How I've Become A More Conscious Op Shopper

by: Maggie Zhou | 1 month ago | Features

Image: Maggie Zhou in some of her favourite op shop pieces.

Op shops are basically a second heaven for those of us who aim to shop sustainably and on a budget. A peek inside my overflowing wardrobe, and you’ll find a mismatched selection of thrifted goods. Faded denim jackets, beloved Millers shirts and men’s T-shirts are all part of my secondhand repertoire. But when I found myself deep in the holds of op shop hauls, I realised that my relationship with op shopping wasn’t so sustainable after all. 

I had to have a serious conversation with myself to reflect on my op shopping habits and came to the conclusion that I need to change the way I shop. Becoming more conscious of other people’s circumstances and how shopping interacts with intersectionality has opened me up to worldviews that I hadn’t previously considered.

As someone who usually fits into Australian sample sizes, I have been able to waltz around my entire life without having to constantly worry about whether shops will stock my size or if brands have catered to my body type. 

This is size privilege – also known as thin privilege. And it’s a systemic problem that isn’t just about standards of beauty and body image. By being thin, you statistically have greater access to resources and face less discrimination. On the other hand, those who fall outside of this label feel the flow-on effects in multiple aspects of their lives – from healthcare, to education and employment. 

Op shops can further fuel this disparity, with plus-size stock already very limited in numbers. I am fortunate enough to be able to shop in every single op shop section – everything from the women’s racks to the men’s and children’s sections. If something is oversized, well, then that’s fashionable. Or I have the luxury of getting items altered to fit my body. But how about those who rely on plus-size offerings? While ‘thrift flips’ are becoming more popularised, it is worth considering who is being left out here. Which is why I have tried to become more aware of my privilege here and shop within my size range when I can. 

I used to come home with my arms bearing the weight of mountains of secondhand clothes. In my flurried excitement at the store, I would nab a few too many items. Once home, I would disappointingly realise that I bought something very similar to something I already own, or that an item had an unforgiving stain across its front.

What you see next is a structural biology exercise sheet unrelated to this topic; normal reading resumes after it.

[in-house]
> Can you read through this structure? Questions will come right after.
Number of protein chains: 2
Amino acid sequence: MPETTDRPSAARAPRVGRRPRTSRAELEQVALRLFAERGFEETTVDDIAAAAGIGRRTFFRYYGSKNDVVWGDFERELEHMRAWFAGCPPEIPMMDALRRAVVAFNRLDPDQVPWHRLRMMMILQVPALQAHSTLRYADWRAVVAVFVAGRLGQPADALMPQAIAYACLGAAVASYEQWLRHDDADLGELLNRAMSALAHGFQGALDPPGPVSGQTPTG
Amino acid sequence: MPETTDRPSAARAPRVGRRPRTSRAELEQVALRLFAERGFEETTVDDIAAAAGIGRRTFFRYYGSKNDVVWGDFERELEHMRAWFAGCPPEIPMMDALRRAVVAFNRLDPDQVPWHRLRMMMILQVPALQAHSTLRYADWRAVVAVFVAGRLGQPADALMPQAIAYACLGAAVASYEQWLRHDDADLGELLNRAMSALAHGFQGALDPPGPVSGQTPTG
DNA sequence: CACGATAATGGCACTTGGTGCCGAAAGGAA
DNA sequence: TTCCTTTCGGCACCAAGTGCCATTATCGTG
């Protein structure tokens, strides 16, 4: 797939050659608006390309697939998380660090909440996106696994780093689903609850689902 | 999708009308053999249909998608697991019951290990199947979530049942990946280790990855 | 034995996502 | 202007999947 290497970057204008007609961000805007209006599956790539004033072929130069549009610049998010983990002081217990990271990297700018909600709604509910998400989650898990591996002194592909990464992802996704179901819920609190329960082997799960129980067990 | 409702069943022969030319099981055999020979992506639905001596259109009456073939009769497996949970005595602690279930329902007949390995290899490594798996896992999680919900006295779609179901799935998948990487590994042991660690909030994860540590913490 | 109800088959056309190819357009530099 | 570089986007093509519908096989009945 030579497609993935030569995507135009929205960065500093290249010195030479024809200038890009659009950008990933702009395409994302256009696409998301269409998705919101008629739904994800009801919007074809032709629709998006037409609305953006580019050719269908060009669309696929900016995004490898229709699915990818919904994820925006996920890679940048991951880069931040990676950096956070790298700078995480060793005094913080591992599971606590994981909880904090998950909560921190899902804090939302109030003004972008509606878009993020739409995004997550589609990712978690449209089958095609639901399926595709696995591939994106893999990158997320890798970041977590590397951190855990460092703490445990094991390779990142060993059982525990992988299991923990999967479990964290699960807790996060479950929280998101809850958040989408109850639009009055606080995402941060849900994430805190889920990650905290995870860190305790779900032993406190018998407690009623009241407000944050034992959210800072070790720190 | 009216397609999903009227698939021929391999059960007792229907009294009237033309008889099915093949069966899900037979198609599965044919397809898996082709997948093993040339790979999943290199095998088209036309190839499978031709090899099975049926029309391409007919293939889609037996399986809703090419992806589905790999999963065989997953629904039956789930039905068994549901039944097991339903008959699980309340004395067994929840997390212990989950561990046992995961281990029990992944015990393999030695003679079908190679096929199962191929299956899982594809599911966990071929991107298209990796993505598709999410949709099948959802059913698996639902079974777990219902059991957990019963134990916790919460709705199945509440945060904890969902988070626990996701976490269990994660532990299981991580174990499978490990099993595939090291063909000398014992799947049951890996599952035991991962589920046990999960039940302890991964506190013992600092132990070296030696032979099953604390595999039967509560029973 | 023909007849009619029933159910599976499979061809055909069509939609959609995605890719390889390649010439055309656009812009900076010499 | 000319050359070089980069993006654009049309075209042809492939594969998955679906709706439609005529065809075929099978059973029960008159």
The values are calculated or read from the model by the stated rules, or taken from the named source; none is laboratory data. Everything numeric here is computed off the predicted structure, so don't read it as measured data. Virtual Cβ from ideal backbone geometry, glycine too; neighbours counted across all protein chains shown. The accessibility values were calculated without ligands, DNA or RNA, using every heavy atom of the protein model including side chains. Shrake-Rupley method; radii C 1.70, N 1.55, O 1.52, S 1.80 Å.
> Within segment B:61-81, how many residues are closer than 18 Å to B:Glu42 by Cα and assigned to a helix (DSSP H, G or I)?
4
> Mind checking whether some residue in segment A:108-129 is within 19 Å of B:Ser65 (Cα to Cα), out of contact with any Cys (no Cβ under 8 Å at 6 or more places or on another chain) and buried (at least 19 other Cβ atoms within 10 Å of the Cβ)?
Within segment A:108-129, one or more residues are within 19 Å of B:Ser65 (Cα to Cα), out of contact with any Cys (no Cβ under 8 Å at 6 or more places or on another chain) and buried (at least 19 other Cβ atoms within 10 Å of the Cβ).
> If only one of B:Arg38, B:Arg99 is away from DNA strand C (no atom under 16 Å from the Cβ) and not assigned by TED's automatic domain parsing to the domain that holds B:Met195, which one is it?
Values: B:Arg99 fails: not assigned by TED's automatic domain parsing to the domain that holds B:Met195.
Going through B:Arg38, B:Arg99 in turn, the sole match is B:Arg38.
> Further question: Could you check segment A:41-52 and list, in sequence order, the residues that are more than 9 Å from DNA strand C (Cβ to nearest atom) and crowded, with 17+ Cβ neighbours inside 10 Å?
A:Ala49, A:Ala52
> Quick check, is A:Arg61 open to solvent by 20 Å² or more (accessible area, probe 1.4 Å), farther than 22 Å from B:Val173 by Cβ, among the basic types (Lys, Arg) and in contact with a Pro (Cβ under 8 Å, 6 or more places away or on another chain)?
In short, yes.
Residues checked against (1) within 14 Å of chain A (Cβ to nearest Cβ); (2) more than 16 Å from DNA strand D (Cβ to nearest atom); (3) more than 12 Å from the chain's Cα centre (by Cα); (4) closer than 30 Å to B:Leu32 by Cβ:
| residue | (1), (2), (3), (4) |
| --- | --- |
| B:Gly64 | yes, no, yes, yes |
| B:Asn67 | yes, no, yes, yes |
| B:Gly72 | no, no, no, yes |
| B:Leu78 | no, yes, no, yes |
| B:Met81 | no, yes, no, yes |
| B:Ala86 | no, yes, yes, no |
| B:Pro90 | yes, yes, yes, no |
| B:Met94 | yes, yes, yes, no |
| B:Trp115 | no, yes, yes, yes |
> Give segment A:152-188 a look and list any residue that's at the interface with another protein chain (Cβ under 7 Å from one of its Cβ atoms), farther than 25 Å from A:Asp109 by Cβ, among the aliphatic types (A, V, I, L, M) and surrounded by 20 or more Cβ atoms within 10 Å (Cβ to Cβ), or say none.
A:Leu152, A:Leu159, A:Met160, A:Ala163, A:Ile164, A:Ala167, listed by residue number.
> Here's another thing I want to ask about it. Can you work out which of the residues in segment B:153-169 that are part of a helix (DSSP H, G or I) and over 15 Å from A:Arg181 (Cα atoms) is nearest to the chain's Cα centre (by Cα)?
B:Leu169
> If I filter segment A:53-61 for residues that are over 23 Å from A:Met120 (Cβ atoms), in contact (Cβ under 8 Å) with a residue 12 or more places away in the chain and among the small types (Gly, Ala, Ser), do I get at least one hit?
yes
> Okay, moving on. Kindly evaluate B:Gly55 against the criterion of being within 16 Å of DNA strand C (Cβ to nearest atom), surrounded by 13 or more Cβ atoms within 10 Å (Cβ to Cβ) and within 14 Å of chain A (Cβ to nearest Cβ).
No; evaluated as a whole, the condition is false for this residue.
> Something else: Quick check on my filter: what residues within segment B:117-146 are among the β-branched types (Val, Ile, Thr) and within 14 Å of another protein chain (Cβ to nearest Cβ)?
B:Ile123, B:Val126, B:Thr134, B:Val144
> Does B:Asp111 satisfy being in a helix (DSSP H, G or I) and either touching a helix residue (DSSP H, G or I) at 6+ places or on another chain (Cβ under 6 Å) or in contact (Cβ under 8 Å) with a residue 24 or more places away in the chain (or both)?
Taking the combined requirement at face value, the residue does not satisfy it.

It takes a lot of self-control, but I now go through a much stricter approval process. Checking the fabrication of pieces has become an important criterion in my op shop adventures. I am most drawn to natural fibres such as cotton, wool and linen and have on occasion, even stumbled upon alpaca wool and cashmere. I will try to veer away from garments with high percentages of polyester and other synthetic fibres, or fast fashion pieces whose life spans are shorter than well-made vintage finds. 

As the victim of a good deal, I will sometimes snap up something that is way out of my colour comfort zone, pick up something in a style and cut that I’d usually never wear, or buy something that is just begging for alterations and repairs. While it’s tempting to buy everything within your eyeline when it’s a bargain, though, it is still incredibly important to invest in and buy quality garments. Otherwise, your poor purchases may live at the back of your wardrobe until you inevitably give them away to yet another op shop.

Donating your old clothes to op shops isn’t a dust-your-hands-free kind of situation, either. In fact, it often only further encourages consumerism. Last year, charity shops had to stop receiving donations because of the volume of fast fashion pieces received. When only 15% of donated clothes are sold in Australia, it calls into question just how sustainable op shops really are. The remaining 85% of garments are either sent straight to landfill or are offshored to third world countries – overwhelming their markets and stifling the growth of their own local industries and economies.  

From a donator’s point of view, it may lull someone into a false sense of do-gooder’s contentment to think that this is a sustainable way of disposing of clothes. Which may mean that they will go off and continue to purchase hoards more fast fashion, only for it to end up discarded at op shops.

Ultimately, being a conscious consumer should apply to secondhand clothing as well. Just because something is cheap doesn’t mean you have to get it. Believe me when I tell you that I am the biggest culprit of this. Buying less and choosing well may require a lot of self-discipline and self-restraint, but you will ultimately be rewarded with a wardrobe full of much-loved pieces built to last for a lifetime.

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